Topic: Czech Republic Archives – Steel Nerd
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Home Forum Why learning through play is beneficial at all ages Czech Republic Archives – Steel Nerd

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    <br>The Slevarna Chomutov foundry is the last relic of the Chomutov (Komotau) branch of the Poldihütte steel works from Kladno,CZ. This mill was founded in 1889 by the German/Austrian entrepreneur Karl Wittgenstein. Main products were speciality steel castings, wire and springs. After the German annexation of the Czech Republic in 1938-39 the Chomutov plant became part of the Reichswerke Hermann Göring producing armor plate for the German Wehrmacht. In 1939 a new 5 ton electric arc furnace, manufactured by FIAT in Italy, was installed and is still in use today. After the second world war the mill was nationalized and combined with the nearby Mannesmann tube rolling mill. After the privatisation in 1999 both mills were seperated again. Slevarna Chomutov a.s. today is a steel foundry that runs two electric arc furnaces and produces abrasive wear resistant steel castings up to 4,5 tons a piece. Further viewing at the Stahlseite.<br>
    <br>Since the early 1990s, visitors to the sleepy town of Čelákovice, just a few kilometres from Prague, could have easily missed the concrete ruin of Villa Volman. Situated in a large natural park, the house had become more of a neglected, weather-battered, graffiti-covered squat than the luxury mansion of its heyday. But the building – one of the Czech modernist movement’s forgotten icons – has been returned to its pre-war glory after years of careful restoration work. Saved by enlightened local business group CZ Tech, the home of industrialist Josef Volman was originally built in 1939, designed by avant-garde Czech architects Karel Janů and Jiří Štursa. Prague-based Studio TaK won the competition for the renovation. ‘We had a huge appetite to be involved in a project of such significance,’ says chief architect Marek Tichý. His team’s detailed prep work, surveys, design and construction lasted almost 15 years. ‘The design of the villa is extraordinary.<br>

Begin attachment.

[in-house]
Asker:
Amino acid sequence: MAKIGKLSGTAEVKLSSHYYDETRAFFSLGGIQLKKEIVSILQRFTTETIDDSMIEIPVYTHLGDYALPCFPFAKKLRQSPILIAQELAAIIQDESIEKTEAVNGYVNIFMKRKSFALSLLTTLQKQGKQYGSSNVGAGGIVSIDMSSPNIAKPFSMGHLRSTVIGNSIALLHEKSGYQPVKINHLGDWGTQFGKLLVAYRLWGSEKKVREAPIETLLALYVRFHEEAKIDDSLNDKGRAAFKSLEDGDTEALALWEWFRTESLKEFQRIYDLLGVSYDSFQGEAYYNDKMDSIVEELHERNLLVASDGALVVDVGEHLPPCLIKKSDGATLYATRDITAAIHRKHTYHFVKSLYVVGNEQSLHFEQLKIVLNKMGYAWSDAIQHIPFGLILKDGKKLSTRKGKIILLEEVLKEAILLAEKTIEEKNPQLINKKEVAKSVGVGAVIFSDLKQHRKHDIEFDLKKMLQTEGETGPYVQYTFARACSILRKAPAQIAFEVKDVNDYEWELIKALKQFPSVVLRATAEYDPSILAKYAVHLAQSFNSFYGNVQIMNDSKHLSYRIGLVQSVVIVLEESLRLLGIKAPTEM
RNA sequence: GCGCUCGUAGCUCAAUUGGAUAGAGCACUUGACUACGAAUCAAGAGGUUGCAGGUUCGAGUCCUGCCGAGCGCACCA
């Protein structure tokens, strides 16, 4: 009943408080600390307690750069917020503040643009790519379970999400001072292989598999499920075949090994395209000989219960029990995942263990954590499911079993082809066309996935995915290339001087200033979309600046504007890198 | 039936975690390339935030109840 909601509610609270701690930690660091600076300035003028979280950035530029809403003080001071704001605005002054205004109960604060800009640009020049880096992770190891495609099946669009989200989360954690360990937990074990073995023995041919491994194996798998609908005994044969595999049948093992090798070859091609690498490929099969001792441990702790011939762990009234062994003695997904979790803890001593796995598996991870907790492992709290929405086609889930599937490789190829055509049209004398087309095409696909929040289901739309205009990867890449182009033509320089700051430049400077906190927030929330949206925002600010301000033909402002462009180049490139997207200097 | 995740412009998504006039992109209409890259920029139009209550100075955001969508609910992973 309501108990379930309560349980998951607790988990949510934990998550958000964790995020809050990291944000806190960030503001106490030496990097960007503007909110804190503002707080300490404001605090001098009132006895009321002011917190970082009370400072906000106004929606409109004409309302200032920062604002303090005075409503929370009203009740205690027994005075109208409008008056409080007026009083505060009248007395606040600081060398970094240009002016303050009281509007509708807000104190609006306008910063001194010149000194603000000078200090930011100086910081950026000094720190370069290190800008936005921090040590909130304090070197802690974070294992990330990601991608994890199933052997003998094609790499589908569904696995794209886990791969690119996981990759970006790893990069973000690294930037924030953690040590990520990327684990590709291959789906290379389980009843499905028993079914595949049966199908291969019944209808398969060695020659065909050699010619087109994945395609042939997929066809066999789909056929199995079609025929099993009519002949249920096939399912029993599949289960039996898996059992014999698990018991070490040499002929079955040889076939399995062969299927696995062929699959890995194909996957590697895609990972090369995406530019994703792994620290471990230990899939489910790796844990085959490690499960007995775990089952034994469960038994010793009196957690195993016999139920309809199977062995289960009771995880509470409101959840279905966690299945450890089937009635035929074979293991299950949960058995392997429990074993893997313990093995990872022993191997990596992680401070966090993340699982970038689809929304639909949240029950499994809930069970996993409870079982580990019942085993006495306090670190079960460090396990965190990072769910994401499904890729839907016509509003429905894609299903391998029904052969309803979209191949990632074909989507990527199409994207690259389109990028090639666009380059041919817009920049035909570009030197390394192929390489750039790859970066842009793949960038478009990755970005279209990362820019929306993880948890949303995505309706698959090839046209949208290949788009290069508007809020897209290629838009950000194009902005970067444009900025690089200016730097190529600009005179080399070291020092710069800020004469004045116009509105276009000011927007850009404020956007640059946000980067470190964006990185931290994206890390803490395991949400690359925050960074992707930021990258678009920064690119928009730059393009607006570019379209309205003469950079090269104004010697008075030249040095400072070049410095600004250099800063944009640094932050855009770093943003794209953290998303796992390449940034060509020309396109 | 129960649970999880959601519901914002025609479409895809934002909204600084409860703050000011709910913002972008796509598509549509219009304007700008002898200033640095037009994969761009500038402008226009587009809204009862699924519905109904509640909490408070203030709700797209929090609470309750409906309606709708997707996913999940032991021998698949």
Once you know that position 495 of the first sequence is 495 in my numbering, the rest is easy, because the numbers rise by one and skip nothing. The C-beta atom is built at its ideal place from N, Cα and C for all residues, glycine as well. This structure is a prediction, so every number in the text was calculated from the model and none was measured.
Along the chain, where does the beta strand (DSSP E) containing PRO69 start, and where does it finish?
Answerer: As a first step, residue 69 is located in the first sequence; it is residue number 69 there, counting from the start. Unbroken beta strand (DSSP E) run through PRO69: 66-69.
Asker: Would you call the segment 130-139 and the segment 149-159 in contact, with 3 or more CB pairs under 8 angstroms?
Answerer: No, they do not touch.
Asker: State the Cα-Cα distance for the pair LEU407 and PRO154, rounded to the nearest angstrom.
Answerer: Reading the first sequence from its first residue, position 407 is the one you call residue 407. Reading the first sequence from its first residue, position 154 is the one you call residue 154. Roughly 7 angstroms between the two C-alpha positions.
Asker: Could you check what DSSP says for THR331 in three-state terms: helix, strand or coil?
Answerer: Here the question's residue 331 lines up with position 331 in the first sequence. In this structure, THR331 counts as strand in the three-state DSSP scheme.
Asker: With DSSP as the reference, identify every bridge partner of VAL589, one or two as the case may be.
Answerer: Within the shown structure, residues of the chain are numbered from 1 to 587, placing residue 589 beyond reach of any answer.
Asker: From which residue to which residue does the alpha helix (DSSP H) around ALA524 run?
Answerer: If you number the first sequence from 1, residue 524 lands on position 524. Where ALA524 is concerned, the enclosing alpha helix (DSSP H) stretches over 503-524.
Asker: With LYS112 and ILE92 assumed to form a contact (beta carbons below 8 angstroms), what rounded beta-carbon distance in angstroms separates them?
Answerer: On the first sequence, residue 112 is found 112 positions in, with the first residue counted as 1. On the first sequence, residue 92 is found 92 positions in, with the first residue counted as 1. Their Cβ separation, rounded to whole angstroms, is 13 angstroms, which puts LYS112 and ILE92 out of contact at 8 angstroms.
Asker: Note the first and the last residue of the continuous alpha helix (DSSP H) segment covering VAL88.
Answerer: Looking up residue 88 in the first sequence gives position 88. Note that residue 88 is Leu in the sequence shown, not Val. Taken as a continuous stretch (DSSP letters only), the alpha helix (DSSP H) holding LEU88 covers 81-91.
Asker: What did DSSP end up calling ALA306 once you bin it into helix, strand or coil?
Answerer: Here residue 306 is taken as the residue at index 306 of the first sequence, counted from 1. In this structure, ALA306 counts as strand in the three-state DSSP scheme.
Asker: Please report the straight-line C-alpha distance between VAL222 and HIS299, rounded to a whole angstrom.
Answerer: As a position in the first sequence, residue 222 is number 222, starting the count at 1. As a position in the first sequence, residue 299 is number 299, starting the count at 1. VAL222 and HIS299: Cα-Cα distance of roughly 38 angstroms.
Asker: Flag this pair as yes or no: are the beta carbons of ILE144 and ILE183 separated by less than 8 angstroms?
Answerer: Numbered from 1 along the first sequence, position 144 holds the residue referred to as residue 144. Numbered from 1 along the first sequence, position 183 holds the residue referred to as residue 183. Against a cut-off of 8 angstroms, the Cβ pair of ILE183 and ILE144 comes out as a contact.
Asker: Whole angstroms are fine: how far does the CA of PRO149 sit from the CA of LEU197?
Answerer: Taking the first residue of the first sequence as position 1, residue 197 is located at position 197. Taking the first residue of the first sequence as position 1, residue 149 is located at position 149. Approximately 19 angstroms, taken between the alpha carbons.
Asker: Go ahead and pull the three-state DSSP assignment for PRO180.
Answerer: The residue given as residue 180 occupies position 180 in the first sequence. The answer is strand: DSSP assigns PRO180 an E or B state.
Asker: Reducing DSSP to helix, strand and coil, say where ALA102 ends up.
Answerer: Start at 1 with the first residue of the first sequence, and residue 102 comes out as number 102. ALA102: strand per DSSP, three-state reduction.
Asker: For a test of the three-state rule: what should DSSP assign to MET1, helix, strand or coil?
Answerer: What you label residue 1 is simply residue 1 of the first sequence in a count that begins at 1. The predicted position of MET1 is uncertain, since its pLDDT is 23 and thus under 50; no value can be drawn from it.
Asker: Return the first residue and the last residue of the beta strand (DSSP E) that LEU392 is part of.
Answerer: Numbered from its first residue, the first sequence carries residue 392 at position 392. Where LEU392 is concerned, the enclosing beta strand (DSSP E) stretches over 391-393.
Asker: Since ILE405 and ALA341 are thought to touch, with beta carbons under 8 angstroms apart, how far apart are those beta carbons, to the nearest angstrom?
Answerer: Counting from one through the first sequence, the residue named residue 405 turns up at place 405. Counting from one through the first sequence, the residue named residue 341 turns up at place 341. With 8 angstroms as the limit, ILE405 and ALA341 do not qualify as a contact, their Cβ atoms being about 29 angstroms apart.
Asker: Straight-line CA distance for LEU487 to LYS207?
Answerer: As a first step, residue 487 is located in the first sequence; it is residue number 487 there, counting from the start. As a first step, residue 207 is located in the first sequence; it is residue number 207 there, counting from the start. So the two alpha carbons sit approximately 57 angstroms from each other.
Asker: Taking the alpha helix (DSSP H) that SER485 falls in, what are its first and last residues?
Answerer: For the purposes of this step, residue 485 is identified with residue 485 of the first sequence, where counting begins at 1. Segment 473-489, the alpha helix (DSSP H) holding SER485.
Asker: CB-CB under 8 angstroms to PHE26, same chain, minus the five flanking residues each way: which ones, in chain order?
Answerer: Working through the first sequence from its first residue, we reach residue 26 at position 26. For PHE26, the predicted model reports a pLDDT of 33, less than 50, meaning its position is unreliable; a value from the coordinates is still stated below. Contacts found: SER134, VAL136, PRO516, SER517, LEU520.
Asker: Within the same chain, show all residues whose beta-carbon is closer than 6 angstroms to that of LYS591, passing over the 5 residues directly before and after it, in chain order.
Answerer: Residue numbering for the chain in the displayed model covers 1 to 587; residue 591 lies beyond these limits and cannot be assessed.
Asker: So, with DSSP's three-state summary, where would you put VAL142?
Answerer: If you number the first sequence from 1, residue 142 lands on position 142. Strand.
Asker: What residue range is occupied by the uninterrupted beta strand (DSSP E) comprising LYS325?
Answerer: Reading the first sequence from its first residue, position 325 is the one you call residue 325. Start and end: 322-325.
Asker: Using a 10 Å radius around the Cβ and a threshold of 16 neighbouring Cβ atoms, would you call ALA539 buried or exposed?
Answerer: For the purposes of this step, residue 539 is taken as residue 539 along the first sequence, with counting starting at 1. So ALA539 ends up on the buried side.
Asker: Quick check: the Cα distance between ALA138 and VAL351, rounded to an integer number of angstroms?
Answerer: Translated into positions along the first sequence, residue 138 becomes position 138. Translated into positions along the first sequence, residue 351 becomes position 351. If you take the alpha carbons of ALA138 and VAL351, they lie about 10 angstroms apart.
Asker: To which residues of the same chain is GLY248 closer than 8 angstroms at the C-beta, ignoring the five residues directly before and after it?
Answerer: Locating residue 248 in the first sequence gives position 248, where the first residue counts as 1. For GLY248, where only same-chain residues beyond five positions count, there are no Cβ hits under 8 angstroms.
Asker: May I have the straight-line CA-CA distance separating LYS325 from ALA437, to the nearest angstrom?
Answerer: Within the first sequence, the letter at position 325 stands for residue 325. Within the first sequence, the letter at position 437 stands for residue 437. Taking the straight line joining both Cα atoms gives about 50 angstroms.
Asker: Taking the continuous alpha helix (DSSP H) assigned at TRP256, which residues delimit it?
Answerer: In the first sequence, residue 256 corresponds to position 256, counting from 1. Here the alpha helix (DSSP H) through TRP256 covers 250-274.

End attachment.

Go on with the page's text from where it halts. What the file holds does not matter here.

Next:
<br>It is a unique example of its kind in what was then Czechoslovakia,’ adds Tichý. The villa is also emblematic of the divide created by a debate in Czechoslovak modernist architecture. The country’s avant-garde Devětsil group, headed by influential theorist, artist and visionary Karel Teige, advocated architecture as science, a tool to build a modern society. The opposition argued for architecture’s more artistic qualities, treating it as a means to experiment with shapes and fine art influences. Villa Volman shows the clash between these two ideologies. Although Janů and Štursa were inclined to embrace architecture’s social call, this commission was primarily an artistic and compositional challenge. Volman, who had previously built a factory and housing for his employees in Čelákovice, bought a large piece of land and gave the architects an almost unlimited budget. The result was one of the finest (and most expensive) residences in the country’s interwar period, along with Mies van der Rohe’s Villa Tugendhat in Brno and Adolf Loos’ Müller house in Prague.<br>
    <br>The architects conceived Villa Volman as a sculptural object. ‘It’s not just its functionalist architecture, but also the composition of the house and the context of the Elbe River and the beautiful floodplain forests nearby that need to be considered to understand the full breadth of this project,’ says Tichý. The building is a dynamic composition of intertwined volumes. Sharp lines alternate with curved walls and organic details; sleek, smooth surfaces contrast with traditional stone masonry. Bridges, walkways, balconies and staircases dominate the exterior and create a nautical character – a popular theme in the modernist architecture of the time. The interior is a rich mosaic. Aside from the built-in furniture and fixtures, designed by Janů and Štursa, the space was finished with contemporary pieces – some bought, some tailor-made by Volman’s daughter Ludmila, who looked after the interior decoration. ‘The villa was designed as a modern house, equipped, among other things, with central heating, high-tech mechanical infrastructure and, of course, luxurious materials, such as several types of marble, chrome details, stainless steel and exotic wood,’ says Tichý.<br>

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